{
                                case '+': _stack.push(op1 + op2); break;
                                case '-': _stack.push(op1 - op2); break;
                                case '/': _stack.push(op1 / op2); break;
                                case '*': _stack.push(op1 * op2); break;
                            }

                            // feedback to console:
                            std::cout << std::endl << "(evaluated: " << op1 << " " << ch << " " << op2 << " == " << _stack.top() << ")" << std::endl;
                            dump();
                        }
                        break;
                    default:
                        store(); // todo: notify of ignored characters in input?
                }
            }

            void dump() const
            {
                dumpstack(_stack);
            }
    };

    int main() 
    {
        cout << "Enter postfix expressions: " << endl;
        calc instance;

        try
        {
            while (std::cin.good())
            {
                char ch = std::cin.get();
                instance.handle(ch);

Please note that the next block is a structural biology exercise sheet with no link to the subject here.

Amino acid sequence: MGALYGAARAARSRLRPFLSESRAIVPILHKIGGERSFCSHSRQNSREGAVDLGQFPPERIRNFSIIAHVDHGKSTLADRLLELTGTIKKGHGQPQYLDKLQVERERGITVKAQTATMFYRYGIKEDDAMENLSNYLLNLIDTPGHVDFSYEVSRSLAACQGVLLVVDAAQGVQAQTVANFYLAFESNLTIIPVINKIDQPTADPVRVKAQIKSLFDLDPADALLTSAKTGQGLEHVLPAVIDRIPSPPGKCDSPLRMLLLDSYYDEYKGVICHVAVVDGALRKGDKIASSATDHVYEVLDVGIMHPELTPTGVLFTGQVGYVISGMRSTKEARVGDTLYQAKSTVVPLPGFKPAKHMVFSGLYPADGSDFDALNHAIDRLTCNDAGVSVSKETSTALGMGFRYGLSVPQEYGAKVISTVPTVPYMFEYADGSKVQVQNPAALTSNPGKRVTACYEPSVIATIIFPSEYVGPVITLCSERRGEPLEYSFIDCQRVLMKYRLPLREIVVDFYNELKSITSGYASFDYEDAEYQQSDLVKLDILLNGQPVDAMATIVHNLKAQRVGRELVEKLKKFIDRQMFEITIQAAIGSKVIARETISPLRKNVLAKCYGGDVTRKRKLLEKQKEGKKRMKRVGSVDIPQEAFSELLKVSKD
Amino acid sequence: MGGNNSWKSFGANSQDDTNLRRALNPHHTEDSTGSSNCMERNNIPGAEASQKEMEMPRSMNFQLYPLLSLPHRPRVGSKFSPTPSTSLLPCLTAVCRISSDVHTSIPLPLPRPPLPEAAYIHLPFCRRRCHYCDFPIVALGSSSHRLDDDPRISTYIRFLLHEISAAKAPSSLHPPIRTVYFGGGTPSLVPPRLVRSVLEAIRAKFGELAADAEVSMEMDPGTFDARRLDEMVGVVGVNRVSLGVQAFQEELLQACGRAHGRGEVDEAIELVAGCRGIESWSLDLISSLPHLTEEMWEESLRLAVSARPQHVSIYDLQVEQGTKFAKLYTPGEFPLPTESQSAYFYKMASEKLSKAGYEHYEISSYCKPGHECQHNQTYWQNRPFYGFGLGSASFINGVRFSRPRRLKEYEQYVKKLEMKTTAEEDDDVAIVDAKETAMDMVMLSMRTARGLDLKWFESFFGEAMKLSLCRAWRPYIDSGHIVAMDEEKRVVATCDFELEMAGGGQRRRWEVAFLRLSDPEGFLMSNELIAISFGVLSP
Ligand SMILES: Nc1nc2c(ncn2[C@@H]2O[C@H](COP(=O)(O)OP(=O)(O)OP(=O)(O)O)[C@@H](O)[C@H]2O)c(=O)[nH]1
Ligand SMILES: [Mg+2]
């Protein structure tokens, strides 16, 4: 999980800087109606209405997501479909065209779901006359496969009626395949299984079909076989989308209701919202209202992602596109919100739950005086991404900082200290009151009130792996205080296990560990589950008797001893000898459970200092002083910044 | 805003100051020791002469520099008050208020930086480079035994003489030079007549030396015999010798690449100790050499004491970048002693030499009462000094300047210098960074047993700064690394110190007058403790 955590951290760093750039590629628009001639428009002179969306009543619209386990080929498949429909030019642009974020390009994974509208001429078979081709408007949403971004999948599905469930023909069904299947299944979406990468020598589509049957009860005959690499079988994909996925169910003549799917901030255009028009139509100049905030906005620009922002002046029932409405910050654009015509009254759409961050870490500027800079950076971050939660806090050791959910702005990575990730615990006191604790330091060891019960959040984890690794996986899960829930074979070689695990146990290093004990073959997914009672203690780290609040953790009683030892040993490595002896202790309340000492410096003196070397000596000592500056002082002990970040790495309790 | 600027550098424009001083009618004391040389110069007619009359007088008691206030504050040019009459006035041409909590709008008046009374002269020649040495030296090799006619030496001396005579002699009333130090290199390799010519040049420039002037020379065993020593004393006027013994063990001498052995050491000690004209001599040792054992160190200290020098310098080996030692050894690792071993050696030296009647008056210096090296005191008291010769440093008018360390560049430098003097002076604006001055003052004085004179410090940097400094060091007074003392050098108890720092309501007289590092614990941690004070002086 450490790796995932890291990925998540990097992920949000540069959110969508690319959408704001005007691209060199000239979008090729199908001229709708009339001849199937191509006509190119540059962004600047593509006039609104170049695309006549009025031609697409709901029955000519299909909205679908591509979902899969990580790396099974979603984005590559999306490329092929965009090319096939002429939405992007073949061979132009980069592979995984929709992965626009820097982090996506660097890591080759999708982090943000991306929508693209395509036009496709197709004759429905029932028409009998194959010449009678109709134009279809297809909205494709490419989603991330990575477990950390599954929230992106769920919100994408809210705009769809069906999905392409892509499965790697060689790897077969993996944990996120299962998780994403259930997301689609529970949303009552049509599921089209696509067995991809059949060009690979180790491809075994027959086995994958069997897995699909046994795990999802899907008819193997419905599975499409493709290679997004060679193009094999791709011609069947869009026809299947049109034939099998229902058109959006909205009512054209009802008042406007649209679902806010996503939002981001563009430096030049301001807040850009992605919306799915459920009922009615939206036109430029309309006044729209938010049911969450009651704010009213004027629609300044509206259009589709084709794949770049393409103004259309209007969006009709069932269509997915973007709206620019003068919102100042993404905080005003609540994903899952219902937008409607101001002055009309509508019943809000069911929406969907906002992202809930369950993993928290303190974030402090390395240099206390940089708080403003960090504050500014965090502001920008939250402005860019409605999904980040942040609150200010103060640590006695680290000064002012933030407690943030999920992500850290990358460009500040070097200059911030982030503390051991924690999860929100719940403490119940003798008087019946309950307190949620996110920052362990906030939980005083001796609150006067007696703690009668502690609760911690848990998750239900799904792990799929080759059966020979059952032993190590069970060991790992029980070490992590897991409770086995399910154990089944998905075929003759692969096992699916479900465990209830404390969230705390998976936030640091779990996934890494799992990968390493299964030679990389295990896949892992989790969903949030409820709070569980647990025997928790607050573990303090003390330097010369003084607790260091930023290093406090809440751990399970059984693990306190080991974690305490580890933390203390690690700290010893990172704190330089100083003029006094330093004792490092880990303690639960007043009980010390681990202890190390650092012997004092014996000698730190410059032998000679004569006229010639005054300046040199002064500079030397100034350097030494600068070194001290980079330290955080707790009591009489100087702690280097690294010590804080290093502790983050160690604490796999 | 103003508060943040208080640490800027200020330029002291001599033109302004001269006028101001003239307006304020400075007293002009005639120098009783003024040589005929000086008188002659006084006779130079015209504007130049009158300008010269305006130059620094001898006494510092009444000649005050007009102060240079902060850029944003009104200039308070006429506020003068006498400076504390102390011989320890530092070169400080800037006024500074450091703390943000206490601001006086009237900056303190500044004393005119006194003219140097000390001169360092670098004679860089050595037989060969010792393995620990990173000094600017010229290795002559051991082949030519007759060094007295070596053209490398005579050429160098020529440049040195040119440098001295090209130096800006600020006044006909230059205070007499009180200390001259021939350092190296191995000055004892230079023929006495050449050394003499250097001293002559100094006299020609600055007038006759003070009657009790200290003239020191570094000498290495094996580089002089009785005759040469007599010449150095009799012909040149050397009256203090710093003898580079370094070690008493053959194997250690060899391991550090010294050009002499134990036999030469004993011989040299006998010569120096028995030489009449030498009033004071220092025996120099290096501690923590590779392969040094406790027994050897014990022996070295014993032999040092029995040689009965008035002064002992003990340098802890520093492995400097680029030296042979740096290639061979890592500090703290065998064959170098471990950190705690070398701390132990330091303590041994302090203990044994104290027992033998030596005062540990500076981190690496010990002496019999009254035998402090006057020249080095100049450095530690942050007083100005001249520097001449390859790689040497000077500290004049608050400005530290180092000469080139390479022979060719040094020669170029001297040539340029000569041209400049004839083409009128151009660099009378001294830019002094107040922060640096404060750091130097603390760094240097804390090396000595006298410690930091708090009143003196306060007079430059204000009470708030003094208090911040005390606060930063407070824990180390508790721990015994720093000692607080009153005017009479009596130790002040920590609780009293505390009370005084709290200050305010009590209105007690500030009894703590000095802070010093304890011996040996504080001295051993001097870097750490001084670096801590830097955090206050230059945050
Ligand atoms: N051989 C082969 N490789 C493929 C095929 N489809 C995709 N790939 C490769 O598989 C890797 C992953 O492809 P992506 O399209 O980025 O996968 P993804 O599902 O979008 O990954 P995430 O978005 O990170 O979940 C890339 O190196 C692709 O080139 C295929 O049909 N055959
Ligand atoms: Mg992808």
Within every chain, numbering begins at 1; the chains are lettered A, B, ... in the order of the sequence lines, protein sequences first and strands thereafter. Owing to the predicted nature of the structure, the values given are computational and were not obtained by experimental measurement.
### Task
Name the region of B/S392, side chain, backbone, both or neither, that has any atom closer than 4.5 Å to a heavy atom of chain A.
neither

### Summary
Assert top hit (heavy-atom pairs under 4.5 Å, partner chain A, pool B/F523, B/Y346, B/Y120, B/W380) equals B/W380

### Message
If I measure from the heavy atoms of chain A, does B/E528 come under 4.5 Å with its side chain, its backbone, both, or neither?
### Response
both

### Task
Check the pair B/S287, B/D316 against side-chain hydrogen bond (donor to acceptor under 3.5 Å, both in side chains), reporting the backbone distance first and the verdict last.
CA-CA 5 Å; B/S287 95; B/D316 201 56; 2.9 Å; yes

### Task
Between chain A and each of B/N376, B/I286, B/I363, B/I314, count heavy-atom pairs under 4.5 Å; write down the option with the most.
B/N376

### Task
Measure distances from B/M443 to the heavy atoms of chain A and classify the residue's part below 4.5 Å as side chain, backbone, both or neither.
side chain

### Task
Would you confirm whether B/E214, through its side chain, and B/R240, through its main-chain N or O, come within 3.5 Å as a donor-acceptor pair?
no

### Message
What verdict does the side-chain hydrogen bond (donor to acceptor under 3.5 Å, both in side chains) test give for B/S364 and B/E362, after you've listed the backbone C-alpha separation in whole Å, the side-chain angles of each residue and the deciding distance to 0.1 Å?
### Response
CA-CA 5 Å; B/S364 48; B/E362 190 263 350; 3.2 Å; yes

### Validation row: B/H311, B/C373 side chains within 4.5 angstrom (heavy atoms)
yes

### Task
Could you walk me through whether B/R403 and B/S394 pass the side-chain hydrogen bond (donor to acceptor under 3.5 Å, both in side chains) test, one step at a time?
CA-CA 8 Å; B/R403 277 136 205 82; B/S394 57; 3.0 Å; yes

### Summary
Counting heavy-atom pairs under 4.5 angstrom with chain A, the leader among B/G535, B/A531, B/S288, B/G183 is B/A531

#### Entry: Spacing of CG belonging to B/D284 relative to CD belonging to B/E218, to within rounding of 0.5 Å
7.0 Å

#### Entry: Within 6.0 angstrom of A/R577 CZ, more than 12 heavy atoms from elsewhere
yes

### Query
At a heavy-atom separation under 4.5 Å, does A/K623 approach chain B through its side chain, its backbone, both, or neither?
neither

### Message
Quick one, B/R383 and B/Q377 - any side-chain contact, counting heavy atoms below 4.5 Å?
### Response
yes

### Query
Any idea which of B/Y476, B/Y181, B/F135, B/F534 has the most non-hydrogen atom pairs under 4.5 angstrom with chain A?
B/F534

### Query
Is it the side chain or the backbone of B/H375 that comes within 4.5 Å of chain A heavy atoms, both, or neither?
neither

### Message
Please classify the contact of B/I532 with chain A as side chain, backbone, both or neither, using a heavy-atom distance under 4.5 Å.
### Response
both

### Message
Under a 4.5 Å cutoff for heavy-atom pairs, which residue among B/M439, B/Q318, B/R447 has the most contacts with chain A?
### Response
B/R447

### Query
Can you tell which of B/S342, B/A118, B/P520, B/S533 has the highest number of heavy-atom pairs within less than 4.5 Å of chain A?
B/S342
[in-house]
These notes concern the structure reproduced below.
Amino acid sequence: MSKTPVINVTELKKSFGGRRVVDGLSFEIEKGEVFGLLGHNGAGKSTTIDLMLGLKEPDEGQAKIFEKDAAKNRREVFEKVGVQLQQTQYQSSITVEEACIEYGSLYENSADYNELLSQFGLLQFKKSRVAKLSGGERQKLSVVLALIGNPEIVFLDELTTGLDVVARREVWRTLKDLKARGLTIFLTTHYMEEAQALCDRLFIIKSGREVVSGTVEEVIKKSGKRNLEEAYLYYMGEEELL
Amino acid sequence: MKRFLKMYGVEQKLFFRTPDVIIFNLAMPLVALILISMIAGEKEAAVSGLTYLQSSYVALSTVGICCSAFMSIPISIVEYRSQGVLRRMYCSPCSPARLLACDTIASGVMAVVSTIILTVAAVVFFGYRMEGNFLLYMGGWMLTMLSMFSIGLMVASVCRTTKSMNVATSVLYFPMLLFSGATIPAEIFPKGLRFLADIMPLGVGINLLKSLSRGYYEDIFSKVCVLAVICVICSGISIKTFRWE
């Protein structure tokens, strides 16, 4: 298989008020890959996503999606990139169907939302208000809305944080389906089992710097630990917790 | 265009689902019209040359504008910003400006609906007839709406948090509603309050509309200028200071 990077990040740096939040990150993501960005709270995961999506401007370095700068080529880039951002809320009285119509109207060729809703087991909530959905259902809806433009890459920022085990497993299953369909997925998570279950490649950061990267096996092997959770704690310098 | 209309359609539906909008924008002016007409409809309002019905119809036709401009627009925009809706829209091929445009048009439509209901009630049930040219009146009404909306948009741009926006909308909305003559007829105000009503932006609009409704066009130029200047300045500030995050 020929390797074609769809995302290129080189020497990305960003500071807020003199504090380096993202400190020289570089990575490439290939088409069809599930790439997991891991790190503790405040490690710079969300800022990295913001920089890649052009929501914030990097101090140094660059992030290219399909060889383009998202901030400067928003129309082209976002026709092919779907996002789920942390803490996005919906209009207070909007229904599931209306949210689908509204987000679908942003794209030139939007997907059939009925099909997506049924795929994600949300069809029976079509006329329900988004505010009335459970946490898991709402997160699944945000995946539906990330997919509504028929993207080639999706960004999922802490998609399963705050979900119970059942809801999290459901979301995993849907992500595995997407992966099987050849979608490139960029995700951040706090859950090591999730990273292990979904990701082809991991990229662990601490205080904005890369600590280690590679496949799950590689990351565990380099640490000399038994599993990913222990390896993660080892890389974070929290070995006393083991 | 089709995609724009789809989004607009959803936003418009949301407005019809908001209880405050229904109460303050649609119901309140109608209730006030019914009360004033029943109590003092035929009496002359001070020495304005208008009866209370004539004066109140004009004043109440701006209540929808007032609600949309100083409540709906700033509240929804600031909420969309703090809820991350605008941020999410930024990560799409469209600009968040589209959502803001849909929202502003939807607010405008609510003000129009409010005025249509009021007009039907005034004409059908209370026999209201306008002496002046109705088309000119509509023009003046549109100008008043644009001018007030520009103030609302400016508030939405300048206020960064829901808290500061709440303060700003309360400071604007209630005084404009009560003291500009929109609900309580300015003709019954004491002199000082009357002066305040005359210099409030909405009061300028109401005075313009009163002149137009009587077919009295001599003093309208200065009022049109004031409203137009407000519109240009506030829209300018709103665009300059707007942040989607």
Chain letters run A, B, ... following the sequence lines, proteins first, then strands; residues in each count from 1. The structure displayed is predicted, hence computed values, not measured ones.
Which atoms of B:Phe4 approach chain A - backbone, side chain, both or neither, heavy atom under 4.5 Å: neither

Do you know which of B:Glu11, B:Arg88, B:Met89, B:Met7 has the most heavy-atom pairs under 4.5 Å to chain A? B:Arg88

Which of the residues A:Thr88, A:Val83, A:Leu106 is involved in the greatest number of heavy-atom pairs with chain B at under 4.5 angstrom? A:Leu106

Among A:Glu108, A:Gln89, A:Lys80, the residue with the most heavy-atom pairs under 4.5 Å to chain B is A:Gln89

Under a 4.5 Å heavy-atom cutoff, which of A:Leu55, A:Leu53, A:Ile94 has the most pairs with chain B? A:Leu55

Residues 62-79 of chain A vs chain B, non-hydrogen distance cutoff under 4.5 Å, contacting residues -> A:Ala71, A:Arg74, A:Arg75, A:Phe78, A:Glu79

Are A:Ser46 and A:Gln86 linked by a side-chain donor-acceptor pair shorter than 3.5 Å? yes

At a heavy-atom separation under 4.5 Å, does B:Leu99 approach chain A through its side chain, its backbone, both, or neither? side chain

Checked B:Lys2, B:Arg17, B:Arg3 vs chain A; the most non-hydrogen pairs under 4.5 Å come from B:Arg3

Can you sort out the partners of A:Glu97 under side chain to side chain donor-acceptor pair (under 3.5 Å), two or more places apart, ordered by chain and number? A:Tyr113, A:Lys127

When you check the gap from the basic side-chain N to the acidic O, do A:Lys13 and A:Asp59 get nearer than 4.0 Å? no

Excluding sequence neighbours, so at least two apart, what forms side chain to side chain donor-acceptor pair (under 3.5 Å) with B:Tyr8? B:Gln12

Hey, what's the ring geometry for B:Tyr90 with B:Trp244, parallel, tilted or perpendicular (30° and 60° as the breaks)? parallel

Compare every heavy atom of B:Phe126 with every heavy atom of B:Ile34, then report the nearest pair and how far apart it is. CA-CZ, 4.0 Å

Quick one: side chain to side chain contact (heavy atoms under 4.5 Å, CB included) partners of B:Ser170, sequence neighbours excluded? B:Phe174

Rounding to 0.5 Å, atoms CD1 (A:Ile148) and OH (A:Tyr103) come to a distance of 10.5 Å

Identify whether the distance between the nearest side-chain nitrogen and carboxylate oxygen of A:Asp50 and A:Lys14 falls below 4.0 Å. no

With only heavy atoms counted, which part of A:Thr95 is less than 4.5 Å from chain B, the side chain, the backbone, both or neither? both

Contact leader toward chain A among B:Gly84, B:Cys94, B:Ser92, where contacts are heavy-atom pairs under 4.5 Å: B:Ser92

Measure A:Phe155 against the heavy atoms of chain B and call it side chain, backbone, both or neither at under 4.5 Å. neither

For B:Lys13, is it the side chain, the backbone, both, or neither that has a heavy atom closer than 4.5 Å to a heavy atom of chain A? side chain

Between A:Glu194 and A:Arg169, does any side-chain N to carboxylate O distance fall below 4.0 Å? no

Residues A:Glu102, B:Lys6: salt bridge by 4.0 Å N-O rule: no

}
            std::cout << "Final result: "; 
            instance.dump();

            return 0;
        } catch(const std::exception& e)
        {
            std::cerr << "E: " << e.what() << std::endl;
            return 255;
        }

    }

Test output: (note that you can continue with the remaining, partially evaluted, stack after pressing carriage return)

Enter postfix expressions: 
1 2 3 +4 * - / 1333 *

(evaluated: 2 + 3 == 5)
1 5 
(evaluated: 5 * 4 == 20)
1 20 
(evaluated: 1 - 20 == -19)
-19 E: stack underflow
share|improve this answer
    
i've changed the code. Pls help me to continue. –  appleLady Apr 12 '11 at 16:15
    
thank you! I have solved the problem. (^.^)v –  appleLady Apr 13 '11 at 9:06
    
oooh - that was a surprise. Well, I'll gladly accept the accept then :) –  sehe Apr 13 '11 at 9:14
    
i didnt use class because i hardly understand it. i changed : ' if (isdigit(input[i])-'0') ' and 'stack<char>operation' (^.-) –  appleLady Apr 14 '11 at 10:29